Roslin still suspects that Commander Adama might be a Cylon, so she keeps a close eye on him. That includes getting Billy to ask Dee—who actually has something to do this episode instead of standing around in the background and saying random lines, holy crap—if Adama’s been acting odd lately. Turns out he has: He’s been making unlogged calls and taking unannounced trips off the Galactica to who-knows-where.
It’s during one of those trips that a Cylon raider shows up. Vipers damage it, but then it hyperjumps away, presumably to tell the other Cylons where they are. Tigh has a tough call to make: Does he get the fleet to safety even though doing so could mean leaving Adama behind? He orders an emergency jump, but then the raider comes back… and jumps away again… and comes back… and jumps away again… Tigh tells Lee to run scans on the malfunctioning raider instead of destroying it, as gathering info might help them get the FTL drive on their captured raider working. Tigh didn’t make any wrong decisions in this scene, but I can’t help but feel he’s doing exactly what the Cylons want him to.
When Adama gets back to the ship it’s with Tigh’s wife Ellen, who passed out on some colony when the Cylons attacked and was carried aboard a ship by a random stranger. She only remembered who she was a few days ago. The whole thing’s rather suspicious, especially considering no one can find the good samaritan who supposedly saved her life, and Adama’s quite right to think that she could be a Cylon. He delivers a vial of her blood to Baltar for testing (so the Cylon test is done, then? No problems? That was quick.), which means Baltar has to stop testing Adama’s blood, which he was ordered to do ASAP by Roslin.
Gaius’ character is getting weird—he goes from super-intense scenes with Six about God and betrayal to weird comic relief scenes where (for example) Starbuck, who’s come to ask him to test her blood, sees him having sex with Six in his lab… except, since she can’t see Six, she thinks he’s whacking the mole in the middle of the day over vials of blood. That sounds creepier than it was in the show. Regardless. I like the juxtaposition of how others see Baltar—as a sexually depraved, possibly Tourettes-having mad scientist—with how he actually is, i.e. haunted by a Cylon. The two extremes of his character will just take some getting used to.
Back to Tigh, who’s happy to have his wife back even though every indication we’ve had so far is that he hates her. There was some drama between them before—apparently she cheated on him a lot, plus she brings out the worst in him, i.e. horrible drunken behavior—but that’s all in the past. The newly reunited couple dines with Lee, Adama, and Roslin, the three of whom are appalled by Ellen’s horrific table manners. She tries to play footsie with Lee, insults Roslin, and asks Adama about his dead son, whom she somehow didn’t know was dead despite the fact that it happened years ago and Adama’s her husband’s best friend. Roslin’s left believing that no one so ridiculous could ever be a Cylon. That’s just what they want you to think. Ahem.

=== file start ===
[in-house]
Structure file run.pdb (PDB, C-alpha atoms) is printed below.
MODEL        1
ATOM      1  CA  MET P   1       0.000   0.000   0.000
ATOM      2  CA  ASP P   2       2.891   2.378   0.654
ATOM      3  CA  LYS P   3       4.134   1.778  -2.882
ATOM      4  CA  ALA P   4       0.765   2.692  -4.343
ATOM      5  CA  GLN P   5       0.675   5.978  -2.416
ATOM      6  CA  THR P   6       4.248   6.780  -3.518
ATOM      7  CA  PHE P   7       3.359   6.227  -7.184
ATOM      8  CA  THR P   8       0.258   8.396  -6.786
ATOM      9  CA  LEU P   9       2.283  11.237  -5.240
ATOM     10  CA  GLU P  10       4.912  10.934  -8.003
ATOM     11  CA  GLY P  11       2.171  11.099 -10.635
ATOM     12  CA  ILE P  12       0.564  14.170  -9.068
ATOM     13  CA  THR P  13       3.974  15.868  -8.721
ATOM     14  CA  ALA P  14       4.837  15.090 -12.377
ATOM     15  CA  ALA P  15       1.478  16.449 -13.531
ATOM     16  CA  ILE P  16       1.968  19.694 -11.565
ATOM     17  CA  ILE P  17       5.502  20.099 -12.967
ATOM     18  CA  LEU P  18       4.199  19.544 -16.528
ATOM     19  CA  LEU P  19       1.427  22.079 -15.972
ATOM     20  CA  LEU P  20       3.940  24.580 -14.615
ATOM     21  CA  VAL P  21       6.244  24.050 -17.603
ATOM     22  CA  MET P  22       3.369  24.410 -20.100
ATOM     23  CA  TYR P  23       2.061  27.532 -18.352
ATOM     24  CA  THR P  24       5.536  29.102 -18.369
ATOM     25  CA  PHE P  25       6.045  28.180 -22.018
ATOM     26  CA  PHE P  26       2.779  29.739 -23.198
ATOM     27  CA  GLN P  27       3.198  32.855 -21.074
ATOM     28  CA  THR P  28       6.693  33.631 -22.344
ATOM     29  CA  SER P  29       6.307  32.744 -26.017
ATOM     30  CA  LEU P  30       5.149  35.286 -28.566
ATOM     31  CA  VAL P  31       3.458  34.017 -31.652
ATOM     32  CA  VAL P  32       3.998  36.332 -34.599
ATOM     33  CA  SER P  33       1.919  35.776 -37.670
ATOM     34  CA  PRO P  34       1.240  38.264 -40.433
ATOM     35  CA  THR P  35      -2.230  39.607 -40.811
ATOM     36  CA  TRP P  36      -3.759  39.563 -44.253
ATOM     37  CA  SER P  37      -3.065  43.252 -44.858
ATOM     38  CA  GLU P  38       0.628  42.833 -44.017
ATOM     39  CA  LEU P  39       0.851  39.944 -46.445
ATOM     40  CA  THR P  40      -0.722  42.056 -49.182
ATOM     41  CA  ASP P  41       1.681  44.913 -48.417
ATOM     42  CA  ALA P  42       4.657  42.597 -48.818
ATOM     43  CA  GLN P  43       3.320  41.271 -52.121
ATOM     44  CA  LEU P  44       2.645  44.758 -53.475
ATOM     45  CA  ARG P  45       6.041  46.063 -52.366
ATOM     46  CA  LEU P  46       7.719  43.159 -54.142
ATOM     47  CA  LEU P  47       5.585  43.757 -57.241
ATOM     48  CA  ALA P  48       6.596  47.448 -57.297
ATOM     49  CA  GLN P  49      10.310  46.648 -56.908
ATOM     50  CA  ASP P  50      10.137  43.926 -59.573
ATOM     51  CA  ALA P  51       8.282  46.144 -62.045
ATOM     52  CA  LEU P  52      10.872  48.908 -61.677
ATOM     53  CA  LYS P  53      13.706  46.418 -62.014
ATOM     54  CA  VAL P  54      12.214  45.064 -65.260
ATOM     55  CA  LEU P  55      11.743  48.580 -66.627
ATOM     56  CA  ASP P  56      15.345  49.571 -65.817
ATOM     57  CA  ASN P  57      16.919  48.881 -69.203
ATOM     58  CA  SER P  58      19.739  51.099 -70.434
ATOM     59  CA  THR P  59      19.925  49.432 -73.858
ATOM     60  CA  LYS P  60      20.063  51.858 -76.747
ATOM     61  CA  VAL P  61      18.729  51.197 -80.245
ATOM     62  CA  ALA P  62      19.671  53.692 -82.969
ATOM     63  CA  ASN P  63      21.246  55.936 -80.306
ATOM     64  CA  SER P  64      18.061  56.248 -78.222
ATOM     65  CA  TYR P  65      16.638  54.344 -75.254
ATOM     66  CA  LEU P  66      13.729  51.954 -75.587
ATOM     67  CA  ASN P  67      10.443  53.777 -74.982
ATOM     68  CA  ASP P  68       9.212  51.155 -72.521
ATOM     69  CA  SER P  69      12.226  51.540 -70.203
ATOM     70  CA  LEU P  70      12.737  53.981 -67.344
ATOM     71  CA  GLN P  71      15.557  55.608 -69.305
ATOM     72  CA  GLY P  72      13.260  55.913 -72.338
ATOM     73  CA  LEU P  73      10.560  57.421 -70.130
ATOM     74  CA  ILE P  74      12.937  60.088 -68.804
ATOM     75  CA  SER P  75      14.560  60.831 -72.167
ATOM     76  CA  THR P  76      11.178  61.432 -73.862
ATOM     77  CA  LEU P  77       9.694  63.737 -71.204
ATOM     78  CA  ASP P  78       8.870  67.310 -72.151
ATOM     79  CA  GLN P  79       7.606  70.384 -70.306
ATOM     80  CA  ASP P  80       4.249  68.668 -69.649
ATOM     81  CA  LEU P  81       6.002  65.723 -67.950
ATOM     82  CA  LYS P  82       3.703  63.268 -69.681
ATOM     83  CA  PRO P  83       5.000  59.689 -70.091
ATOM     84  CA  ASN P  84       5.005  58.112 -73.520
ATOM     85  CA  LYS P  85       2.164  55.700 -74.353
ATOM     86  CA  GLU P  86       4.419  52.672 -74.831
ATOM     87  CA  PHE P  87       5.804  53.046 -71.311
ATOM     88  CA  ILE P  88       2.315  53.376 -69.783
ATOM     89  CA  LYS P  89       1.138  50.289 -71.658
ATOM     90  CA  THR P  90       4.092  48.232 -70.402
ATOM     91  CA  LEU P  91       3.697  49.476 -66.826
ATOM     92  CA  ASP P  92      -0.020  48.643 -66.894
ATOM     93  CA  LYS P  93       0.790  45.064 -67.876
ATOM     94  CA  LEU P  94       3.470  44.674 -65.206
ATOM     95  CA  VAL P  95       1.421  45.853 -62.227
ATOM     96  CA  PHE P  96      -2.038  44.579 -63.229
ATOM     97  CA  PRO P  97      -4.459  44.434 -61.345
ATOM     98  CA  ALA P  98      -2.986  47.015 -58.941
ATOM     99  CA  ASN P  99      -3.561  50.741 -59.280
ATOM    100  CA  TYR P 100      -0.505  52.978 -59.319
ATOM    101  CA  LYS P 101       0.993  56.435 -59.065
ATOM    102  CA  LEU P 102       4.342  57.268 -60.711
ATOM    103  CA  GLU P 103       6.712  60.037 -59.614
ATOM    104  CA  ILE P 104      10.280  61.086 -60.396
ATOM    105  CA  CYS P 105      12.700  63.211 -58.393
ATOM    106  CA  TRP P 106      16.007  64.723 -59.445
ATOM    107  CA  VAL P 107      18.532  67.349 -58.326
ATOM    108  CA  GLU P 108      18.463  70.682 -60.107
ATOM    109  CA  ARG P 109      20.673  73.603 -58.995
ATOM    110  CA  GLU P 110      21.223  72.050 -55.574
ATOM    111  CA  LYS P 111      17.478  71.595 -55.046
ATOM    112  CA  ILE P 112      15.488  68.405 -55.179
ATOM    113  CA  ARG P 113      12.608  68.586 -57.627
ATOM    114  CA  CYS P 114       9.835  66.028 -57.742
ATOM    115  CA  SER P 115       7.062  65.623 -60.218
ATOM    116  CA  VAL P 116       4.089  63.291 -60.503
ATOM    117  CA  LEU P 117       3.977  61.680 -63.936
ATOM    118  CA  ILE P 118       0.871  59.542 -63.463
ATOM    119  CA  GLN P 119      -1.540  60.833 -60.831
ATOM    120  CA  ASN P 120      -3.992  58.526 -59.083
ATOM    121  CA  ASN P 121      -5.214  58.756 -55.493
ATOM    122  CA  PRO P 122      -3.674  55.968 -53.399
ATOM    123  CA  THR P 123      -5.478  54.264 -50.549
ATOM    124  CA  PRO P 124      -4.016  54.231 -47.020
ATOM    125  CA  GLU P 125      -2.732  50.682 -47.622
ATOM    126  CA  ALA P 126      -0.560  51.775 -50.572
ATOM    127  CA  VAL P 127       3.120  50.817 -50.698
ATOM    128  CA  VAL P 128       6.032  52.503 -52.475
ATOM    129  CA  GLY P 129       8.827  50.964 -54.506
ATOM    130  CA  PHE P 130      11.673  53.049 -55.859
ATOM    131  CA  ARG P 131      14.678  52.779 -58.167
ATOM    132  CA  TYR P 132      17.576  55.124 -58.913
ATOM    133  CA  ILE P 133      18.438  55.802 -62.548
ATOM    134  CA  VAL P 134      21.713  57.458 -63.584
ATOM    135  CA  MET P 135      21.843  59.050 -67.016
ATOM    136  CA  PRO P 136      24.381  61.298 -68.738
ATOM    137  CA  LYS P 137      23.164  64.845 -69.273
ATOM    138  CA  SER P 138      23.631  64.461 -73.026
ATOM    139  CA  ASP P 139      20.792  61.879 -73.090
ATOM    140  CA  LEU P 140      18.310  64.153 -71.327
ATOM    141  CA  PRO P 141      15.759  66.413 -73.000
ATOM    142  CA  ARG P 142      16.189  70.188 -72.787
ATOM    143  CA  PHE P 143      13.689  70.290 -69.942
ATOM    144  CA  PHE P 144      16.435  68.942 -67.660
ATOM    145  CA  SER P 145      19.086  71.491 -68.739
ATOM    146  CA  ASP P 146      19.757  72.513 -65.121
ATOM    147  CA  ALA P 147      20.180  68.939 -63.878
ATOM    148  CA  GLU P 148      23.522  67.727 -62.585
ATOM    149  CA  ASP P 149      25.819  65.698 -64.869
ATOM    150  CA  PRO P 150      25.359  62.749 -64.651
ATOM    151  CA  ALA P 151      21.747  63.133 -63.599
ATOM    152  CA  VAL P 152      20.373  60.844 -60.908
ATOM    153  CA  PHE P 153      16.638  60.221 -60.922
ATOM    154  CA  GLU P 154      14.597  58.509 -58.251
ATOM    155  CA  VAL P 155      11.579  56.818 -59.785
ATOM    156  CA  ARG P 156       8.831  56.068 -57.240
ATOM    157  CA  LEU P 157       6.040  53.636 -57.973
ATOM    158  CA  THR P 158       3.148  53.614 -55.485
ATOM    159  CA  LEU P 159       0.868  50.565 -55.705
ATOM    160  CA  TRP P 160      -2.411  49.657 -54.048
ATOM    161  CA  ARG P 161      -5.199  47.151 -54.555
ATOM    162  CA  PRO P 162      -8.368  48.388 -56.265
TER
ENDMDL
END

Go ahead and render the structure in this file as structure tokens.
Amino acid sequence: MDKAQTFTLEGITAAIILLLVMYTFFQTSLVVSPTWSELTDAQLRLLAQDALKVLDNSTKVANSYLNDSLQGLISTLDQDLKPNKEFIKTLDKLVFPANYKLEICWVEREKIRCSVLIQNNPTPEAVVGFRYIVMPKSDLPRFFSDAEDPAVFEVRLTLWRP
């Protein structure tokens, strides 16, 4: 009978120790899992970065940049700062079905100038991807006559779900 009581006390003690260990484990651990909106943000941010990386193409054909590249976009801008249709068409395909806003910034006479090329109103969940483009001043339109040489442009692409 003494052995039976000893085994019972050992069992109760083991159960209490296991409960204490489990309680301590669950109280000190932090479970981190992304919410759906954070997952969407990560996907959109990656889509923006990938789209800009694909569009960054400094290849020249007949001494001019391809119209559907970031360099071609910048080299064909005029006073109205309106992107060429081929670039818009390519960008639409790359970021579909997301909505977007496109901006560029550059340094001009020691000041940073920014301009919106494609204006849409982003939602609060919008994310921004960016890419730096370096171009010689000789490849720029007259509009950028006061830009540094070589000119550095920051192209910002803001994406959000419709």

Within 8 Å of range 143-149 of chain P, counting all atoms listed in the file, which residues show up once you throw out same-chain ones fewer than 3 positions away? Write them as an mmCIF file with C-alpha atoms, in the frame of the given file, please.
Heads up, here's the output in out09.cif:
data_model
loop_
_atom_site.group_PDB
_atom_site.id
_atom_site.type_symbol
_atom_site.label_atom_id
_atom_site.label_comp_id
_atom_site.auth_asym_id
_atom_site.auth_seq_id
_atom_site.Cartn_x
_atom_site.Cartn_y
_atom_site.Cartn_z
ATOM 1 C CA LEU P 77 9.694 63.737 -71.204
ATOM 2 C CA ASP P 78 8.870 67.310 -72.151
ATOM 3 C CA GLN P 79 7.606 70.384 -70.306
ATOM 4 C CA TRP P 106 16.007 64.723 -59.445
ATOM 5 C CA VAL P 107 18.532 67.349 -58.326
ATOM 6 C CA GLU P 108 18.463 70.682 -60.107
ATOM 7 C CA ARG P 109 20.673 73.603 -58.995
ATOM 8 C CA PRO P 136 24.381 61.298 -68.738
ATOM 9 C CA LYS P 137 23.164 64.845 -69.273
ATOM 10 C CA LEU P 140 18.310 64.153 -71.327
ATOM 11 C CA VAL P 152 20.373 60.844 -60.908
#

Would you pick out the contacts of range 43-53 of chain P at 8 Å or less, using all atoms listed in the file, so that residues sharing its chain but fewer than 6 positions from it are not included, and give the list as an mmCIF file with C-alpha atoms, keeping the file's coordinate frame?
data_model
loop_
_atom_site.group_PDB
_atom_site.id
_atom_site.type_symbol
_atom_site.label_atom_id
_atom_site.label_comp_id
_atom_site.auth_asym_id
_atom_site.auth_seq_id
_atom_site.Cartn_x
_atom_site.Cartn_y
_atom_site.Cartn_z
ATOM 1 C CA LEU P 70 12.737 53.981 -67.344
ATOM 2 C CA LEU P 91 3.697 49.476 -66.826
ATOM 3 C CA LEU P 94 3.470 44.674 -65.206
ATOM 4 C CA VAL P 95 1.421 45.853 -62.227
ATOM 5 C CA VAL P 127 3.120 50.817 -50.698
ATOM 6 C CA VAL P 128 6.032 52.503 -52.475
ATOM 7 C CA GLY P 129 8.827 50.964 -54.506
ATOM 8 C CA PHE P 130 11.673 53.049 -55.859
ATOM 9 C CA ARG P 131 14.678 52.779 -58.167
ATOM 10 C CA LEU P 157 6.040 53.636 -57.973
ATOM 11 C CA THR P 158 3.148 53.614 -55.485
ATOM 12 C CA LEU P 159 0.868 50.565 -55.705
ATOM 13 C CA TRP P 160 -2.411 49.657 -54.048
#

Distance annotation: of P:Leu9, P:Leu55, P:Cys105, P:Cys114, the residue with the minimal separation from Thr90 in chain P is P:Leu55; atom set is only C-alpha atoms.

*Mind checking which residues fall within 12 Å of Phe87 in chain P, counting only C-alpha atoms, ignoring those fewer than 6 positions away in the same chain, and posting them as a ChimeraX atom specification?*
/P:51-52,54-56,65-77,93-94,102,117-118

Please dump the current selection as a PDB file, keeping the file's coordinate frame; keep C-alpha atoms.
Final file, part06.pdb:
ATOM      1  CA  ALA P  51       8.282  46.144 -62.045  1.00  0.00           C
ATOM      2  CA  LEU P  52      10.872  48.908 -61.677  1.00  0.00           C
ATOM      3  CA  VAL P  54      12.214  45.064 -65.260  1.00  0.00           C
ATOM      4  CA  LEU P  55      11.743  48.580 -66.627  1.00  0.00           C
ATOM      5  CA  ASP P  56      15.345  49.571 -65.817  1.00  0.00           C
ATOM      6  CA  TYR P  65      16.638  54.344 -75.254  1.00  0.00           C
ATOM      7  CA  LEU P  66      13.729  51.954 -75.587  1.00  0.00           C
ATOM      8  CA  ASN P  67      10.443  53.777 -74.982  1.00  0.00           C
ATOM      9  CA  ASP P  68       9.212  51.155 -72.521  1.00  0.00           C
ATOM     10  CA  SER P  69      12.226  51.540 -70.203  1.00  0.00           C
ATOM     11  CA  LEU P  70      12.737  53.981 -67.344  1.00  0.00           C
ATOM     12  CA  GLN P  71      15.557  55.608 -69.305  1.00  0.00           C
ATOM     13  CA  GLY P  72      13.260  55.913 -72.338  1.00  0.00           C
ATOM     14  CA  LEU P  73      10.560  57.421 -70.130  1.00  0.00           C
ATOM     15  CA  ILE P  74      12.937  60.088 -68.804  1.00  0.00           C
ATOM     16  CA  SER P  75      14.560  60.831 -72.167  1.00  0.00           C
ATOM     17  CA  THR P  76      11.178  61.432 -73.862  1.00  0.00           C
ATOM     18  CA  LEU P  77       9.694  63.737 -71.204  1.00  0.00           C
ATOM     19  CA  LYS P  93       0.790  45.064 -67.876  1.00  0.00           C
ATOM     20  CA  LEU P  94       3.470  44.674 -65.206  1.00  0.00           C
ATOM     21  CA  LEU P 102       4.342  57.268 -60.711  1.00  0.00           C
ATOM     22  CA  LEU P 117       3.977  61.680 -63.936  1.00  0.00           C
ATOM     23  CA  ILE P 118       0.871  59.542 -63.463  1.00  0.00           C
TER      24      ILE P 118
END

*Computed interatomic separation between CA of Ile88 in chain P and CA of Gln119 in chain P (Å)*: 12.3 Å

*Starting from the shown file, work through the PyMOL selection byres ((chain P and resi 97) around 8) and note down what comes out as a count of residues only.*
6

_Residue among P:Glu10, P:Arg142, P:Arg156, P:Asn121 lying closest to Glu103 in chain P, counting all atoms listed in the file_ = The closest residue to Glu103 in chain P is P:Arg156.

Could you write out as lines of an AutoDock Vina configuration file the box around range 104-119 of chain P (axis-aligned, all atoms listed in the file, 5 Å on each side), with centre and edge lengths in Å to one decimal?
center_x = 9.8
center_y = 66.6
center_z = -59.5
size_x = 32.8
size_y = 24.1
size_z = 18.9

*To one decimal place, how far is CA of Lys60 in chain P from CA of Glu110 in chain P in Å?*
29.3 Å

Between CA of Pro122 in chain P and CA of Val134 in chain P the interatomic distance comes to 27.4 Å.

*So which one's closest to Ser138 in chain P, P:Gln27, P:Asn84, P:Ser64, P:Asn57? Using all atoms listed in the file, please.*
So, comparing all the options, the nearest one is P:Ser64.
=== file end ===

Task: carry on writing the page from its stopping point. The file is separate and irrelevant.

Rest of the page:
After dinner Ellen and Tigh retire to their quarters, where Baltar shows up and participates in some outrageously brazen flirting. Baltar. Tigh is right there. Bad form, dude. Ellen responds to her husband’s anger by claiming Adama felt her up at dinner and visited her while she was on the other ship to watch her while she was sleeping.
The pair of them confront Adama, who’s in Baltar’s science lab with Lee, Roslin, and Baltar. There’s a Marx brothers-esque scene where they try to figure out whose blood Baltar should be testing to see if they’re a Cylon, at the conclusion of which Baltar reminds everyone to calm the frak down, because they are literally in a science lab full of volatile chemicals. The party’s broken up by an announcement that the raider from before—remember it?—has changed its flight pattern. Tigh makes a snap decision to deploy fighters and destroy the raider, which then sets course for the Galactica but is blown out of the sky before it can ram into the ship.
Then there’s a bit of a weird scene between Adama and Tigh. The former says he’s concerned for his XO/best friend because Ellen’s always brought out the worst in him, and it’s been nice to see him not drunk all the time for a change. But Adama also commended Tigh on his decision to scramble the fighters… which Tigh did while more than a little bit tipsy, which Adama had to have known, because he was three sheets to the wind at dinner not a few hours before. So… I care about you and I don’t want you to destroy your life with alcohol, but you do well on the job when you’re drunk?
The episode ends with Baltar revealing that Ellen is not, in fact, a Cylon. But, as he tells Six once everyone leaves, he’s rigged the test so that everyone passes it, so Ellen might not be human at all. He’s not telling.
This Cylon detector plotline really bugs me, by the way. No one seems to question that it works. I get that Baltar’s their resident science genius-Cylon expert and that they don’t really have another choice than to trust him, but the dude’s been given a task that’s hugely important to security with absolutely zero oversight. He already accused someone of being a Cylon using a test that he later admitted was completely fake! The lack of lasting skepticism everyone else has shown up to this point in all things Baltar-related is absolutely baffling.